Clipping from the South Bend Tribune, August 1, 1893.

Donmoyer’s first South Bend home was at Kalamity Korners, but it wasn’t long before he moved to a farm at a place that used to be outside of the city. He grew corn, raised chickens and built the first silo in St. Joseph County all at the place that is directly across the river from the boat launch at Kernan Park and firmly within the city’s limits.

The move was a successful one for Donmoyer and launched him into a new and unexpected second career as an agricultural lecturer, teaching local farmers how to improve crop yields and egg production. But what was good for Donmoyer wasn’t good for the denizens of Kalamity Korners, at least according to the front page of the Tribune:

Clipping from The South Bend Tribune, October 1, 1891.

The paper’s facetious reporting might have masked the otherwise undeniable tragedies of Donmoyer’s life. There were the obvious horrors he’d witnessed on his parade of bloody battlefields. There was the older the brother who died during the same Civil War that made Donmoyer a hero. Rudy and Ella only had one child, and he died as an infant. In 1881, Donmoyer was present at a shooting contest where a dear friend lost his life in a gun accident. Donmoyer listened as the man shouted his dying breath, “What will my poor wife and children do?” and even though he wasn’t the one who fired the shot, he never stopped hearing those words.

In 1911, Rudolph Donmoyer retired from the South Bend Toy Company and was celebrated throughout the community as a hard worker, community builder and manager of men. Those who knew him knew he deserved the rest. His exploits were known throughout the city and so was he. Donmoyer Avenue was christened in 1907.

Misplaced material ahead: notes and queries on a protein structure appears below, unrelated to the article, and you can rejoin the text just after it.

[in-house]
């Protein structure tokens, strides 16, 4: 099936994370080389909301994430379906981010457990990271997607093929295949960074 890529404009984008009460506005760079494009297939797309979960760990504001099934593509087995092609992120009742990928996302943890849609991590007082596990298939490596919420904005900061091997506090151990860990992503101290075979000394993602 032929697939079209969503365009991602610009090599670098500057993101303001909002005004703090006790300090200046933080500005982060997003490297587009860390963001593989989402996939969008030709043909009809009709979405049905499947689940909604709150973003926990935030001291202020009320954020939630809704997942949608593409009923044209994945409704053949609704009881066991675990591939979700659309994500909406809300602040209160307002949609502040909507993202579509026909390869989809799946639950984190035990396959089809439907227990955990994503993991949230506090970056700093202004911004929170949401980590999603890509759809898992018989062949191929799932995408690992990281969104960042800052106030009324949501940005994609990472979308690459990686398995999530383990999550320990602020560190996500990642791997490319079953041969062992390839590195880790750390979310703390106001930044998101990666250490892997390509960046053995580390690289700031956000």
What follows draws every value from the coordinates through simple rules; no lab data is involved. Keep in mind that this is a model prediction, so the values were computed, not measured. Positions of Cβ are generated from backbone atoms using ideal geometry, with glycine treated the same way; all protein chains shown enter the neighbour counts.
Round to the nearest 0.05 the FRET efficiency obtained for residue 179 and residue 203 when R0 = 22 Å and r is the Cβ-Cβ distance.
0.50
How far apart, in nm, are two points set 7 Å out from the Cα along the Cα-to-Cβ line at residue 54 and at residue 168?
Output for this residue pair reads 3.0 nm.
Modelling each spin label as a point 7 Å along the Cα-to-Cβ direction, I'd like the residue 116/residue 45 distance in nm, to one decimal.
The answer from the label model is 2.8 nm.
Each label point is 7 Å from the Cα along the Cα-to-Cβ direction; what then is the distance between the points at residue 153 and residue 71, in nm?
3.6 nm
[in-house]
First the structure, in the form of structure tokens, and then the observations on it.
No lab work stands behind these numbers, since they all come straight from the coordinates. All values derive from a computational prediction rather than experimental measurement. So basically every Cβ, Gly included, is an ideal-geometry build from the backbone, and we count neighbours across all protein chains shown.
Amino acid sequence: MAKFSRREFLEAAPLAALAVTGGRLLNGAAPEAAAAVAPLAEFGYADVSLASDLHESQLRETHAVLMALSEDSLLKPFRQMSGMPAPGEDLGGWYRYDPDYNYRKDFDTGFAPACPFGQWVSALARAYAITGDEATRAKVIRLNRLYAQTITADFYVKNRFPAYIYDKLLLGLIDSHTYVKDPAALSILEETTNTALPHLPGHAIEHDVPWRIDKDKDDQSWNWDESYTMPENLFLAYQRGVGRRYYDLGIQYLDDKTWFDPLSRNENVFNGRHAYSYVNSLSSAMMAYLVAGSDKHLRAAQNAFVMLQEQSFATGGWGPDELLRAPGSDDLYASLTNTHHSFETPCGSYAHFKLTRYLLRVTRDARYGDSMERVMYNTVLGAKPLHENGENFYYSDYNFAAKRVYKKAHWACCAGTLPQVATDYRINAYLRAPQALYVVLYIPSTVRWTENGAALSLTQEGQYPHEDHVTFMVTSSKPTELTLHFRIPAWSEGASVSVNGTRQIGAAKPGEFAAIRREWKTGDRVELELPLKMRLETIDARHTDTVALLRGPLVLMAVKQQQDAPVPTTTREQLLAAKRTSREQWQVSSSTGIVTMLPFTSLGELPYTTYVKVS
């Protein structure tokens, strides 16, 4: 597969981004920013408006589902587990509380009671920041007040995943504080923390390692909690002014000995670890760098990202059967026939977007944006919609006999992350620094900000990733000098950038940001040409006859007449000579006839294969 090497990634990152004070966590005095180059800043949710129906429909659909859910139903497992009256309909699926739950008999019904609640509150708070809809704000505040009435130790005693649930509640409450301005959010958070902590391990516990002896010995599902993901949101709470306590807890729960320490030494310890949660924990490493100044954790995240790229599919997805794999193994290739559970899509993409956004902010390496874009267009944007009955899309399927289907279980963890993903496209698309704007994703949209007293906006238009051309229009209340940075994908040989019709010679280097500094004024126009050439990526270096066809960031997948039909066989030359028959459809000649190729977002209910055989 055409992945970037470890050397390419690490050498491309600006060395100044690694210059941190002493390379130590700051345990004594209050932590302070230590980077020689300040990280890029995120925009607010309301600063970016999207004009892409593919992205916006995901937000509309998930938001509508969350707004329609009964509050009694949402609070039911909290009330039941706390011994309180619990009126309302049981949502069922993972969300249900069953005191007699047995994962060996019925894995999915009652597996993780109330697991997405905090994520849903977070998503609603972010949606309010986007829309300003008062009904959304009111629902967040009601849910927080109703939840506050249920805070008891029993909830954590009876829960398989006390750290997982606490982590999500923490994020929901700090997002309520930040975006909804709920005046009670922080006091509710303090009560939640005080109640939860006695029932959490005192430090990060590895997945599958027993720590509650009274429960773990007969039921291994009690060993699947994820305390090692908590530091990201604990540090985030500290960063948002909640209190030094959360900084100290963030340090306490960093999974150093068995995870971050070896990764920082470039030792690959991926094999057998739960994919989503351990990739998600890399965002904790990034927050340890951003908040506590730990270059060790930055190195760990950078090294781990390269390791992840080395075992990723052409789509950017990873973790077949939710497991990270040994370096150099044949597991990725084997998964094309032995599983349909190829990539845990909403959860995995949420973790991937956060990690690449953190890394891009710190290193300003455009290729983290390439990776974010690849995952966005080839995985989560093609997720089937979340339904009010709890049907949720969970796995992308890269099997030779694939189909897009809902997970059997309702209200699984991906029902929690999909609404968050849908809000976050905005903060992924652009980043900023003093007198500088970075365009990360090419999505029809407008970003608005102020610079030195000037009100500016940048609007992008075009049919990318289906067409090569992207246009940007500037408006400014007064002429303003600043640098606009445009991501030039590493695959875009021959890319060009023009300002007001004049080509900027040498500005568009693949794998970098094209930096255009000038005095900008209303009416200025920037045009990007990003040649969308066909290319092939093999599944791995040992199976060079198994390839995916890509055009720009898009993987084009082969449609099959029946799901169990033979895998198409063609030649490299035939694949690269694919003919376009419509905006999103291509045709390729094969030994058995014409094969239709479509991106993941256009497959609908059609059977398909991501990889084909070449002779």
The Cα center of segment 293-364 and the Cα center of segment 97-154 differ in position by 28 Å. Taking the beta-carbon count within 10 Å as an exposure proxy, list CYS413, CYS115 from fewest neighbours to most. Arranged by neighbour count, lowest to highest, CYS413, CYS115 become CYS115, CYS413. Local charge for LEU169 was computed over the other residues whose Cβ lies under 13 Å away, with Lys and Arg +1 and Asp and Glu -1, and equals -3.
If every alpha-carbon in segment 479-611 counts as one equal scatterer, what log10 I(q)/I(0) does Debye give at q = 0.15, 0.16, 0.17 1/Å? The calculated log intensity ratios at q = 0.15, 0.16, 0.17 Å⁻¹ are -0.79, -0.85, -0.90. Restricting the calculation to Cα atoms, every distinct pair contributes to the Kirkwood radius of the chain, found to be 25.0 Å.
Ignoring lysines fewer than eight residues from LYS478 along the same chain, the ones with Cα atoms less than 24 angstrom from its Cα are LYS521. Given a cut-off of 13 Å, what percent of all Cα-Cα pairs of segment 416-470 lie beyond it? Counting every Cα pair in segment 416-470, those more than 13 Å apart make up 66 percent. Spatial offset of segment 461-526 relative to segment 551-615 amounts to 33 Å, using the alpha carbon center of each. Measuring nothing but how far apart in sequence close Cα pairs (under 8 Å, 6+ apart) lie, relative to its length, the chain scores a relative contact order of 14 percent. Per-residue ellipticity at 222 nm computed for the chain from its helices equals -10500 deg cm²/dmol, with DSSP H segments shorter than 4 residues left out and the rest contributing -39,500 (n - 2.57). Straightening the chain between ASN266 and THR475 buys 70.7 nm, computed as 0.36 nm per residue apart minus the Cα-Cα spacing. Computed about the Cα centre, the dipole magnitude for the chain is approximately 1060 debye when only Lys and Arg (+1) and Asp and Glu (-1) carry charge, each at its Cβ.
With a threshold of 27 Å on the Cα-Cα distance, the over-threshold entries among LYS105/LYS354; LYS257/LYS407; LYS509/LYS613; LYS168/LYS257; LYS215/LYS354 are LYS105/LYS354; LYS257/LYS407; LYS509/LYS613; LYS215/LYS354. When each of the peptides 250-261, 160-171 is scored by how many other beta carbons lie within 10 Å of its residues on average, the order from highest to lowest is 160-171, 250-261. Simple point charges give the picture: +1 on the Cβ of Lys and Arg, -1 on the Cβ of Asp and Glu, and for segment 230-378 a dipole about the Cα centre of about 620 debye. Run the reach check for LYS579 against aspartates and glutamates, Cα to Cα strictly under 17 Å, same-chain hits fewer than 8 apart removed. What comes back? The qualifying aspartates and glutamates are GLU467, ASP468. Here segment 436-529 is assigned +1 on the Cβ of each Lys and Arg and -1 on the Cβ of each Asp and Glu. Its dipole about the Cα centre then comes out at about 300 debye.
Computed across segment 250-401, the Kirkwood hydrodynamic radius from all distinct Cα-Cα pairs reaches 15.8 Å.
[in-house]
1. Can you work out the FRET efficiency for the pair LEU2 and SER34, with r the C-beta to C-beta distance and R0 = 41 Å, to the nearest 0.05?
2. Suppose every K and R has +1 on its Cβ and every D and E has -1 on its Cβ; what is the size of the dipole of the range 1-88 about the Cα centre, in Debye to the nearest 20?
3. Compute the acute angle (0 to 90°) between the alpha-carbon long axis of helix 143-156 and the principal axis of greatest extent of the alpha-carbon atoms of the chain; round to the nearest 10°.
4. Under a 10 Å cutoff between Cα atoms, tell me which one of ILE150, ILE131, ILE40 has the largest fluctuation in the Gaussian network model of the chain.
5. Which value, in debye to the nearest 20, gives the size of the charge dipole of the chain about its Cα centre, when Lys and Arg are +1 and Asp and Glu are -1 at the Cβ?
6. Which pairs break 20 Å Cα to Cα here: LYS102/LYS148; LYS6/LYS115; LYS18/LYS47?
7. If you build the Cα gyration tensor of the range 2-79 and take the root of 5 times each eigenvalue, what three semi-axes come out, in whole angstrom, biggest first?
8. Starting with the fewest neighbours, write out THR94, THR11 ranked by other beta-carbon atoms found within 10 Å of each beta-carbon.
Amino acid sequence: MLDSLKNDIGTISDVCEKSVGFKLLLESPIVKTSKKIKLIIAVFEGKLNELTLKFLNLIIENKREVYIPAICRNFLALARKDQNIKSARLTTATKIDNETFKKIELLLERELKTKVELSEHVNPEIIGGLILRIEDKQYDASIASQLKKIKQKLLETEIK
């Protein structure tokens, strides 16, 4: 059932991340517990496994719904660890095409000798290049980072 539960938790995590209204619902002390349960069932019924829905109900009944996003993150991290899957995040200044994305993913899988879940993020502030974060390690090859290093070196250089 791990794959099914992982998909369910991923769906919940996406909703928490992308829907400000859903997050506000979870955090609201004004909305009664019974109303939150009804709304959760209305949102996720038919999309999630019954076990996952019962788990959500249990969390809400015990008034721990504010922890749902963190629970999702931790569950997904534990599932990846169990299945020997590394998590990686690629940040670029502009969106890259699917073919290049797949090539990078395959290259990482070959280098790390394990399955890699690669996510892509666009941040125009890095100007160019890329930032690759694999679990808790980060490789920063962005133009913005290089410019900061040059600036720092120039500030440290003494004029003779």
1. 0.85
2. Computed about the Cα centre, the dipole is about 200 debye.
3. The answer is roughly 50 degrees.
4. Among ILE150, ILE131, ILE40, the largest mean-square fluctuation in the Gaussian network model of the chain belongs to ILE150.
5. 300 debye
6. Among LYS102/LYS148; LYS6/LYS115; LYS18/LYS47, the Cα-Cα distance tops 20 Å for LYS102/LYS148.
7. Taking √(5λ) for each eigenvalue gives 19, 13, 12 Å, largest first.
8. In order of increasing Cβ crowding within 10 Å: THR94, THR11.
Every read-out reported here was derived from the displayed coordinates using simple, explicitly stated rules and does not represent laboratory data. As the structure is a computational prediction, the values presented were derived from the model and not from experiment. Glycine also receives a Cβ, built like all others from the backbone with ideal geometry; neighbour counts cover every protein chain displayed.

In his working life, Donmoyer had been so many things: a veteran, a hero, a friend, a character, a builder, a manager, a farmer, an authority, a collector of old soaps and a facetious mayor who stole the town’s attention.

In retirement, he was just one of those things, at least to hear the papers tell it. They trotted him out only occasionally, whenever they needed a piece to commemorate a Civil War anniversary come and gone. Despite his 50 years in South Bend and his massive role in building the infrastructure of the city, Donmoyer’s obituary remembered him primarily as the guy who was in the room with Lee and Grant.

Donmoyer re-enacting his Civil War days, 1930.

Rudy Donmoyer lived to see the age of 84, participating regularly in leadership positions with the G.A.R., and embracing his identity as South Bend’s longest lasting Civil War veteran. Years later, his home, his farm, and his silo would be knocked down to make room for the interchange at Lincoln Way and State Road 23. Donmoyer Avenue runs for less than a mile on South Bend’s south side, connecting Main and Miami streets.

Rudolph Wellington Donmoyer is buried in the South Bend City Cemetery.

Aaron Helman is an author, historian and humorist from South Bend. He is the author of An Incomplete History of St. Joseph County, Indiana, Ride the Jack Rabbit, and On the Southernmost Bend. Find all of his work at